- Unisys – shares similarities in products and services offering and Bull would provide access to sticky customers in the European market (ie French gov’t).
- Dell could benefit from Bull’s higher-end Intel Application (IA) servers to diversify their existing lower-end IA offerings – they definitely have the financial flexibility to purchase Bull and could also probably utilize the NOL.
- Gores Technology approached Bull last year but couldn’t reach an agreement with management.

Restructuring Details:
The Bull restructuring consists of 3 moving parts – a rights offering for existing shareholders, an exchange offering for convertible bonds and the forgiveness of €517MM (fully accrued amount) in loans provided to Bull by the French government in 2001 and 2002.

Equity Rights:
Bull announced a rights offering for equity holders of 440MM new shares at €.10 per share at a ratio of 2.6 to 1. Approximately 94.4% of the existing 170.2MM shares participated. This resulted in 418MM new Bull shares listed for trading on 7/16/04. The company received €42MM in cash proceeds from the rights offering. Almost all of Bull’s major shareholders participated in the rights offering – noteworthy holders include NEC (a major technological partner - holds around 11%), Debeka and France Telecom (large clients - hold around 14% combined), Axa Private Equity and Artemis (2 investment funds – hold around 10%), Bull management (around 8%) and the French Government (holds around 3%).

“Oceane” 2.25% Convertible Bonds:
Holders of the “Oceane” convertible bonds had the option to exchange each bond for either 20 shares outright or 16 shares outright & 16 €.10 warrants. 10.77MM of the 11.5MM bonds outstanding chose the 16 shares & 16 warrants option, 201k of the bonds chose the 20 shares option and 521k of the bonds did not select either option (presumably they’re still tucked away in mattresses across France). These un-exchanged bonds will remain outstanding at a 90% reduction to economic value (maturity extended to 2033, coupon dropped to .1%). As a result of the “Oceane” restructuring, there were 176.4MM new Bull shares on 7/16/04 along with 172.4MM €0.10 warrants listed on the Premiere Marche. The warrant exercise period runs from 7/16/04 until 12/15/04 will eventually result in €17.2MM of cash proceeds to the company assuming full exercise. Post-exercise former bondholders will control approximately 37% of Bull.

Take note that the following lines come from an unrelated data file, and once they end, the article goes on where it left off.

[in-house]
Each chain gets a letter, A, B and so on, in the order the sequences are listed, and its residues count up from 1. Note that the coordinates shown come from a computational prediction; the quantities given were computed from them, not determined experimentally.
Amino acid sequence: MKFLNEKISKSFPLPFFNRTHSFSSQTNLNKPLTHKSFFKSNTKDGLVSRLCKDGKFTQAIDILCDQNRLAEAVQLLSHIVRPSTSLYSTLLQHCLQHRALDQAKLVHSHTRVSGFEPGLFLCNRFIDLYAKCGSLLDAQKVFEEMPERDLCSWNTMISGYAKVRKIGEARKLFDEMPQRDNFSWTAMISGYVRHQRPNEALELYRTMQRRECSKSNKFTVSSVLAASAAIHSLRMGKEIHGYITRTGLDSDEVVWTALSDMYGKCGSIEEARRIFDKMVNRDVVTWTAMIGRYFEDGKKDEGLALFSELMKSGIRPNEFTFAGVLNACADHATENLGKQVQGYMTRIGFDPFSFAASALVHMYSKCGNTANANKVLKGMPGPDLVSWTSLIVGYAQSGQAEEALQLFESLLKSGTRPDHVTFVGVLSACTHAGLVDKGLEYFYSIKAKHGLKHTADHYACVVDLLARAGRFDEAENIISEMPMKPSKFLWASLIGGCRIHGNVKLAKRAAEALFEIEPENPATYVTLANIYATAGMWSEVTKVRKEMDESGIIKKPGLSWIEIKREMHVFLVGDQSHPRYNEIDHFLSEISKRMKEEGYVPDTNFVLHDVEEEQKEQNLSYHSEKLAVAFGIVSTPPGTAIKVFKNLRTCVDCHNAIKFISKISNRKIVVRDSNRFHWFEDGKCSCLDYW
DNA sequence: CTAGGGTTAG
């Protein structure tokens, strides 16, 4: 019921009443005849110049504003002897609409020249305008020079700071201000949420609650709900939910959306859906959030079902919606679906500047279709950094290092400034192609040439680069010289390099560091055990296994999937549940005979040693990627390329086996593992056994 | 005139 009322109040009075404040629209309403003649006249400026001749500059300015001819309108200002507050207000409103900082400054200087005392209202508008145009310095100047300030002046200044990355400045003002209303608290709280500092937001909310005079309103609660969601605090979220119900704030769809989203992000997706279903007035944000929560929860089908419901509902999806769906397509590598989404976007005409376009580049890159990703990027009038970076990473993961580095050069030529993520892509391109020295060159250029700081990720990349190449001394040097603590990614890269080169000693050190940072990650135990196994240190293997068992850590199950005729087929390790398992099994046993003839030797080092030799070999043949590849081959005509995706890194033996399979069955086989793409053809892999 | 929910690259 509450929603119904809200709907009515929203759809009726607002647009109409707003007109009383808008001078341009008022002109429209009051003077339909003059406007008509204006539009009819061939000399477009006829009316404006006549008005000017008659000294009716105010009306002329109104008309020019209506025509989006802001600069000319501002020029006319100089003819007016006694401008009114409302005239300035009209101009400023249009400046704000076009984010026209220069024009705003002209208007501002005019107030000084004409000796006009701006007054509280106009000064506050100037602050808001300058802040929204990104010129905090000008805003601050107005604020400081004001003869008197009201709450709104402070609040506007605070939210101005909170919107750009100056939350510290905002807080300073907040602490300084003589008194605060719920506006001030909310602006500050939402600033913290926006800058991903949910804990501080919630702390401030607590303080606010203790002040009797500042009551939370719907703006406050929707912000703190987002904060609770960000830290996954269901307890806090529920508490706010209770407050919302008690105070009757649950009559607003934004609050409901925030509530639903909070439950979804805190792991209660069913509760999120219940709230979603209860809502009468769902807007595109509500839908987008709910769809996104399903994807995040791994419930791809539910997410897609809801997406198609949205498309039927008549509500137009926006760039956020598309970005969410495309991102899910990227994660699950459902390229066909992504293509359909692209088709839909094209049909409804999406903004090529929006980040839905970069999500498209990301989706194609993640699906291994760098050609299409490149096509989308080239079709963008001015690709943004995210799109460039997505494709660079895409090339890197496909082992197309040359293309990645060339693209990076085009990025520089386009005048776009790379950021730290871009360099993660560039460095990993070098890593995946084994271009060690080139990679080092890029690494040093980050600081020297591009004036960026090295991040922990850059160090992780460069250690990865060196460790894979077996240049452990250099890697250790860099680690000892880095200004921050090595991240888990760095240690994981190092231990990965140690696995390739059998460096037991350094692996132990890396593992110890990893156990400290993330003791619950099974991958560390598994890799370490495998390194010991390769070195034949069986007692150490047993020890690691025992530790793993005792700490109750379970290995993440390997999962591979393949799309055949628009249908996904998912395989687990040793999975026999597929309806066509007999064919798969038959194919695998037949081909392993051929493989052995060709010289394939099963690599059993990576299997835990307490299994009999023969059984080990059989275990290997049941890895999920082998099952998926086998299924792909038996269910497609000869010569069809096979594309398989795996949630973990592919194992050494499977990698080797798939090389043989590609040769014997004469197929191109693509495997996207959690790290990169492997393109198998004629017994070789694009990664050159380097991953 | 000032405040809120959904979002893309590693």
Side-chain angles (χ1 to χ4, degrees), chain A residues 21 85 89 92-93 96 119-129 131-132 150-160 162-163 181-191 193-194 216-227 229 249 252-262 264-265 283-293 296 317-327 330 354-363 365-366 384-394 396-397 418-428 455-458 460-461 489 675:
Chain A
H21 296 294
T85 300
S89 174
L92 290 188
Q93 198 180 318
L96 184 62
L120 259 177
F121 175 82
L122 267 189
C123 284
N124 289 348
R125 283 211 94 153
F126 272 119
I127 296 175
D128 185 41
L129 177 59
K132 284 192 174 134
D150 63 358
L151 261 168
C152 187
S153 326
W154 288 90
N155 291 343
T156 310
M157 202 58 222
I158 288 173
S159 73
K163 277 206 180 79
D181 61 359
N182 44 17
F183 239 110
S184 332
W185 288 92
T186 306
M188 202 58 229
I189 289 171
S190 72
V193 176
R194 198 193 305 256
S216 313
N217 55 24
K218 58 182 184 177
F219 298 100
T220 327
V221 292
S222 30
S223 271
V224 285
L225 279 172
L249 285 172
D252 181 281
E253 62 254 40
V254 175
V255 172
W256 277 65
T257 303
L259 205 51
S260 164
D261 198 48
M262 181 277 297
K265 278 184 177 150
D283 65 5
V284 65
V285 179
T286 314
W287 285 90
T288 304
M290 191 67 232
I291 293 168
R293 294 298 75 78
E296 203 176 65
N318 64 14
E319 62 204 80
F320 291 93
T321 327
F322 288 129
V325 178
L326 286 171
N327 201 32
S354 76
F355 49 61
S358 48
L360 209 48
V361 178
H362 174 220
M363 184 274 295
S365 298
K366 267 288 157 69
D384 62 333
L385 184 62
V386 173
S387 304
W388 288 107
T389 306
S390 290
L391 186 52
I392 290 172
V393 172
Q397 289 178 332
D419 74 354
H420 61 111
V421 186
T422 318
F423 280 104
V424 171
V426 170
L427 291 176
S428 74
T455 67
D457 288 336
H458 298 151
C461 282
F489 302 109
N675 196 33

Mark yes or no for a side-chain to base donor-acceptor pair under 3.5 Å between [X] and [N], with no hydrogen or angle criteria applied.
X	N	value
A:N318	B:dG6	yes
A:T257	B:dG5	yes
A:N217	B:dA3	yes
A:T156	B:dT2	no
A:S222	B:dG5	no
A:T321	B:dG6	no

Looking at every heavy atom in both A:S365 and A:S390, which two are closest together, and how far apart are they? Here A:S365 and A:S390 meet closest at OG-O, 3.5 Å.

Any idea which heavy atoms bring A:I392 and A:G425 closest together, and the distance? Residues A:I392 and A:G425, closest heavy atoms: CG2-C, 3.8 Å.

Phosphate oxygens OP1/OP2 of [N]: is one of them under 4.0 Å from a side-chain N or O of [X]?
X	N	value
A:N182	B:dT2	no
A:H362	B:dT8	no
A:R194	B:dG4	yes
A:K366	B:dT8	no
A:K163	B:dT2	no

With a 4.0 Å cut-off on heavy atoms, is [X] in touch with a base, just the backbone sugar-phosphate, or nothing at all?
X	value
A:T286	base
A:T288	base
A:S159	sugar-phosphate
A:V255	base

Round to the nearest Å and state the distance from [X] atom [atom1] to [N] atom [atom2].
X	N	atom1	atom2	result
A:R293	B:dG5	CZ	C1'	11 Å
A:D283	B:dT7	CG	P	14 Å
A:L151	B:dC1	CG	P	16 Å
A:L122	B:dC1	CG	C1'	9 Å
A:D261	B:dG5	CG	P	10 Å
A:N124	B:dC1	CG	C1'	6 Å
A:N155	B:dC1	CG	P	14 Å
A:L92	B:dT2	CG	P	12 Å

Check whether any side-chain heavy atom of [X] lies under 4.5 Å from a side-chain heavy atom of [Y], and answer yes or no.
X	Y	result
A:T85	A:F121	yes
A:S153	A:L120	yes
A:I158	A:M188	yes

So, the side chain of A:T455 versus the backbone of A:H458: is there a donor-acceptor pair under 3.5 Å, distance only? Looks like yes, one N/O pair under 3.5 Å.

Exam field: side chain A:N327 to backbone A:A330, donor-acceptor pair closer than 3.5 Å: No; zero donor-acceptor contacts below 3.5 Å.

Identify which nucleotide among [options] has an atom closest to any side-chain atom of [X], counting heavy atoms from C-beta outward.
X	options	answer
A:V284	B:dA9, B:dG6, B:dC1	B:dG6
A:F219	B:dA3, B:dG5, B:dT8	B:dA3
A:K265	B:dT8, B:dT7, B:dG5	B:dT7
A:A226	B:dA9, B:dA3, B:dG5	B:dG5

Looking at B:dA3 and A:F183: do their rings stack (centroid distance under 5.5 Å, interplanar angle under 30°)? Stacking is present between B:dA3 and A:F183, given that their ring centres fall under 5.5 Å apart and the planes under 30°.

French Government Loan:
The French government prevailed over the EU in their efforts to ensure Bull will receive state restructuring aid. This allows Bull to avoid bankruptcy, restructure the balance sheet and preserve 7,700 jobs (very politically important in France). Bull announced a couple of weeks ago that the EU is expected to formally approve the proposed restructuring in September 2004. Based upon public statements made by the EU and the fact that 2 of the 3 components to the restructuring were completed last week, there is little to no risk the EU rejects the proposal. After the expected EU approval in September, Bull will be able to complete the final step of the restructuring. EU regulations state that Bull must repay the existing French loans before the French gov’t can grant them new state aid, so the company will likely obtain a bridge loan to take out the government loan as soon as the EU’s official approval is received in September. Then, in early 2005, the French government will provide restructuring aid of around €517MM to repay the bridge loan (€517MM consists of €491MM accrued gov’t loan value at 12/31/03 plus €26MM of accrued interest for 2004). The deal is structured in this way because it complies with the EU’s 10 year limitation on giving state restructuring aid to a company. The last time France “officially” provided this aid to Bull was 1994 (the 2001 & 2002 gov’t loans were deemed an “extraordinary circumstance” by the EU so they don’t count as restructuring aid…go figure). Though somewhat convoluted, this process is the same as the French government forgiving the loans.

For providing the restructuring aid, the French government will be entitled to 23.5% of annual EBT above €10MM for an eight year period following the year ended 12/31/05. The company determined this liability will amount to €50MM. They come up with this balance sheet liability by assuming stable annual EBT in the €30MM-€35MM range, which means the government will get €5MM-€6MM per year *8 years = €40MM - €48MM – so call it a €50MM liability. Please note that there are neither minimum nor maximum payment requirements to this earn-out, so if Bull has EBT under €10MM they pay nothing to the government. Although they could theoretically pay the government significantly more than the assumed €50MM – the outperformance implied by this scenario would be welcomed.

Pro Forma Capitalization & Valuation: